How to Make a Kokedama – Hanging Japanese Moss Balls

How to Make a Kokedama – Hanging Japanese Moss Balls

Learn how to make a Kokedama. Kokedama are Japanese moss ball plants that you can hang. Kokedama are easy to make and are a modern alternative to a Bonsai tree. We also show you how to make the Macrame hanger to hang it.

What you need

Peat soil
Premium potting mix
Sphagnum moss Or similar
Strong Twine Natural or colored
Buckets for mixing
Small Fern Or Palm Plant


It as easy to make 3-4 of these as it is to make just one. Generally your potting mix, peat and spag moss will come in large packets. This tutorial is for making around 3-4 balls or more.

You will need to select hardy, shade-loving plants. Your plant should have a small root systems. Ferns, ivy, creeping fig, decorative grasses, miniature palms are all good plants to use. You could use herbs also. If you have no idea what type of plant to use, ask at your local garden centre. As you are molding a ball around it, don’t buy giant plants. Small is perfect for this project.

For your first Kokedama plant, I suggest using something with upright foliage. Plants with hanging vines is much harder to work with. So start off easy.

Start by soaking your sphagnum moss in a bucket of water. Whilst it is soaking let’s get the soil ready.

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Next you need to make a mix of 4 parts potting mix to one part peat. Alternatively you could purchase a ready made terrarium or bonsai tree soil mix.


Our Peat was in a solid block so we had to crush it up first and soak it.


The next step is to add water to your soil mix. You need to add enough water so that your soil mix becomes glugy and moldable. Don’t worry about excess water as you can squeeze it out. When you can mold a ball into your hand, you have the correct consistency. If you can toss your ball and catch it without it breaking then you have the perfect consistency.


The next step is to take your plant and remove soil from it’s roots. You need to mold your soil mix around the roots, forming it into a ball. This is the hardest part, so take your time. Remember to squeeze and mold without breaking your plant.

The ball should be around the size of a baseball or larger. Remember your plant needs to feed of it.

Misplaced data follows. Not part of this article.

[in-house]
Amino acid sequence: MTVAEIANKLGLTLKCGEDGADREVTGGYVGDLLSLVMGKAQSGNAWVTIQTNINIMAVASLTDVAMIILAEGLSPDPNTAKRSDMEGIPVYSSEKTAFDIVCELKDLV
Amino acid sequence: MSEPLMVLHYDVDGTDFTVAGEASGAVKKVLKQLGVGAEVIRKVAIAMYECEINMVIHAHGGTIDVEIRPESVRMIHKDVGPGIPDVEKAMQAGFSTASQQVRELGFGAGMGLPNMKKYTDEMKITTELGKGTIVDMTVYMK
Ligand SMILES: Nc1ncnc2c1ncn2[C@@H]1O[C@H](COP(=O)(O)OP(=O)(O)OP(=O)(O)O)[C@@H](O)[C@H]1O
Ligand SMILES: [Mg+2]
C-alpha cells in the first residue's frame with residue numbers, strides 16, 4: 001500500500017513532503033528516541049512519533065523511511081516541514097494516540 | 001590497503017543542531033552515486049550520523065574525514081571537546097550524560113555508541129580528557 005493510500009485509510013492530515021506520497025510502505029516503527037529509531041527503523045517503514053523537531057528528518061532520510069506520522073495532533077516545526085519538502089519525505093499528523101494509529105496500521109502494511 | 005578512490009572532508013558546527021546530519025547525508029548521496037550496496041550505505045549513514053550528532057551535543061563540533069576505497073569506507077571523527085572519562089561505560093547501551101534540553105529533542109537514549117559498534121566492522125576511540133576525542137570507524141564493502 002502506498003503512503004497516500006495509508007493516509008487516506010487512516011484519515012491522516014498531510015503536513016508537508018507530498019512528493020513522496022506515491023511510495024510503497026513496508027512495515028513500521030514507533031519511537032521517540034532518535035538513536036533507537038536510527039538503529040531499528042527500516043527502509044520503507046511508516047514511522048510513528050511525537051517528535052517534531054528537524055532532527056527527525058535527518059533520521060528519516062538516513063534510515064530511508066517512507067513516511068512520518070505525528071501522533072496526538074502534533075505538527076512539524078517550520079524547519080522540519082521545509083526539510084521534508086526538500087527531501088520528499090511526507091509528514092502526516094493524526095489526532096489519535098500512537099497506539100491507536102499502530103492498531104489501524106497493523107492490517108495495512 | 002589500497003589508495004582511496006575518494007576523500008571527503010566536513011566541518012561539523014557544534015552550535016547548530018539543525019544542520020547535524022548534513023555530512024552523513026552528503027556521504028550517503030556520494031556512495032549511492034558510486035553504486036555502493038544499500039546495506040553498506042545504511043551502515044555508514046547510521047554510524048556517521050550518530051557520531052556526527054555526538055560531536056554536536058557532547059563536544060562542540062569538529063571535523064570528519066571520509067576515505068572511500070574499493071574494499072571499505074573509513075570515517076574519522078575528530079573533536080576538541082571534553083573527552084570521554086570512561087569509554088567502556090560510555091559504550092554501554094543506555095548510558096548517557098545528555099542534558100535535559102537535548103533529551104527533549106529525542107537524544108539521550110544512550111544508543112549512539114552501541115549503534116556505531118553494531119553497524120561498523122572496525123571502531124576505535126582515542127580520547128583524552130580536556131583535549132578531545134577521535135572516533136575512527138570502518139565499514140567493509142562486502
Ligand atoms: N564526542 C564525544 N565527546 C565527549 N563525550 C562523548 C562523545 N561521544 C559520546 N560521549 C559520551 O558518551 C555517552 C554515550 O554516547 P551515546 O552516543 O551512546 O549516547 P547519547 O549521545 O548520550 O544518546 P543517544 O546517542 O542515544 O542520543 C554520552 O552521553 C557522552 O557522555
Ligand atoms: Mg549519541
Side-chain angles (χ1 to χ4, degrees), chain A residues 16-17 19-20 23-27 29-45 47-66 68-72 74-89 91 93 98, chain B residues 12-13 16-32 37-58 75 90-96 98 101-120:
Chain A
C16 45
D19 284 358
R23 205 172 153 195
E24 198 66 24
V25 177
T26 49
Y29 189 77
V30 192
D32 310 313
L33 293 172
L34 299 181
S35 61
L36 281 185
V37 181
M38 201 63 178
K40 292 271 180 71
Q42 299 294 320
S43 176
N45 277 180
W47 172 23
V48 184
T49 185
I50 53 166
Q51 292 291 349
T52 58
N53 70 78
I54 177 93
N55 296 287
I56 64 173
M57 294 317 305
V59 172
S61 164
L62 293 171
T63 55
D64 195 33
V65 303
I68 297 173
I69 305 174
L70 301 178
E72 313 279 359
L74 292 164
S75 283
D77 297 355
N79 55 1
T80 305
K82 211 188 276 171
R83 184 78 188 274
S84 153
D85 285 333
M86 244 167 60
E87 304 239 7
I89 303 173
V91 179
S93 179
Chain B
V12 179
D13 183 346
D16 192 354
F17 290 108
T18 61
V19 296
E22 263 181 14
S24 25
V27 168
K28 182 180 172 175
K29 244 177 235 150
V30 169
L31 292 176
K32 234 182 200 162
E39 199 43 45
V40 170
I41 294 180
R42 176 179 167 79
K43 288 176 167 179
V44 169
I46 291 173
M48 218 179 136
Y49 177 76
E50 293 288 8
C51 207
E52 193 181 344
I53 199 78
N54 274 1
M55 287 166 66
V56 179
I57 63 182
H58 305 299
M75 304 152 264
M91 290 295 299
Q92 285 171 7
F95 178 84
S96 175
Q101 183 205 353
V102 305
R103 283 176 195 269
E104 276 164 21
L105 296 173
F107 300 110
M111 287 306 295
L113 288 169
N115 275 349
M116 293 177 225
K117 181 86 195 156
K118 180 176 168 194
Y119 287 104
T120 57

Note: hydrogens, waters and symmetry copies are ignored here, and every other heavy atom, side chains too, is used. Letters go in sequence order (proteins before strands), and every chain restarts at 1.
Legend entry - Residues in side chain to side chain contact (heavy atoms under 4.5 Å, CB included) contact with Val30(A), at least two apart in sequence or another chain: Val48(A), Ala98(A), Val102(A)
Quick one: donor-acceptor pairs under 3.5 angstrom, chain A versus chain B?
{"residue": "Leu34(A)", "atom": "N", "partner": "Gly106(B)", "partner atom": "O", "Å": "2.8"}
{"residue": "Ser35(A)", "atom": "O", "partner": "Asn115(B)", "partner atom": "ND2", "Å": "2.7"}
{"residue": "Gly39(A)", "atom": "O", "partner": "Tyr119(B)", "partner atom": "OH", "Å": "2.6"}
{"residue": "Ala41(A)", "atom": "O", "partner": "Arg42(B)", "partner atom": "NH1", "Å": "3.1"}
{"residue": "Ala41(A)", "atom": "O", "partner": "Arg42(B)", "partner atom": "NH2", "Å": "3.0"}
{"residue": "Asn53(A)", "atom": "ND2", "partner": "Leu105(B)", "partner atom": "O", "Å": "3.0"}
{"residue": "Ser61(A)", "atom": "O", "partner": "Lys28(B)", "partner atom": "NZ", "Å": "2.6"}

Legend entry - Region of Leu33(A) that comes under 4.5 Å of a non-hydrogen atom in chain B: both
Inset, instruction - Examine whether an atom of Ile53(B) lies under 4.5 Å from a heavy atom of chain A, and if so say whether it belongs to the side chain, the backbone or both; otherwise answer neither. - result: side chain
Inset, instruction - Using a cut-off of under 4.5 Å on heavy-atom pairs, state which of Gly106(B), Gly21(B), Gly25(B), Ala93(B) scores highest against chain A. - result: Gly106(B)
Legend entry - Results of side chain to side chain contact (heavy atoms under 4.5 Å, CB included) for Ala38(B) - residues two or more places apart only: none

Once you are happy with your ball, Wrap it with the twine to keep it secure. You won’t be able to see the twine so don’t worry about getting it to look pretty.


Next you need to prepare the Spag Moss. You need to squeeze out as much water as you can. You will need enough to make a large pancake that will cover your ball.


Here is a video showing you how to make the pancake.

Once the pancake is made you need to wrap the ball. If your pancake has holes just add some scraps of wet Spag moss to it. It’s a good idea to have the string ready for wrapping as this layer is quite tricky.


Here is a video of Grandma Craftbits helping the kids get their Kokedama moss layer just right.

Once you are happy with your moss layer, begin wrapping your plant. Be sure to wrap underneath and not just around the middle.





Your Kokedama is now finished!

If you want to create a hanging Macramé basket for it then continue on.

Start by taking 2 x 3 metre or 3-4 yards of strong twine.

Place them together and fold in half. (My photos do not use 3 yards. I made a mini one for the photos).


Place your strings togehter and fold in half. Tie a knot in the middle. You should now have 4 strings coming from each side of the knot. Cut the loops at the ends so the strings are all loose.


Next thing you need to do is split your string into pairs like this.


Next tie each pair into a knot around 3-4 cms or 2 inch from the middle knot as shown. These strings are now tied into a “couple”.


The next step is to split the strings back into pairs, but this time you are going to partner each string up with a string from a separate couple.


Again you tie those knots together around 3-4 cms or 2-3 inches above the previous knot.


Once you have done this 2 -3 times your basket should be big enough, if not, you can go ahead and make another section. Again separate the couple and tie two in a knot. It sounds much more complicated than it actually is (trust me).

Here is my finished (mini for the photo’s) basket.




How to care for your Japanese Kokedama Hanging Plants

Once a week (or when they feel dry) soak them in a bowl of water and then hang back up. If you do not want to hang your balls you can sit them in a bowl, decorative plate or vase.

Just remember to keep them moist!


  1. alysha-smith says

    Great !!

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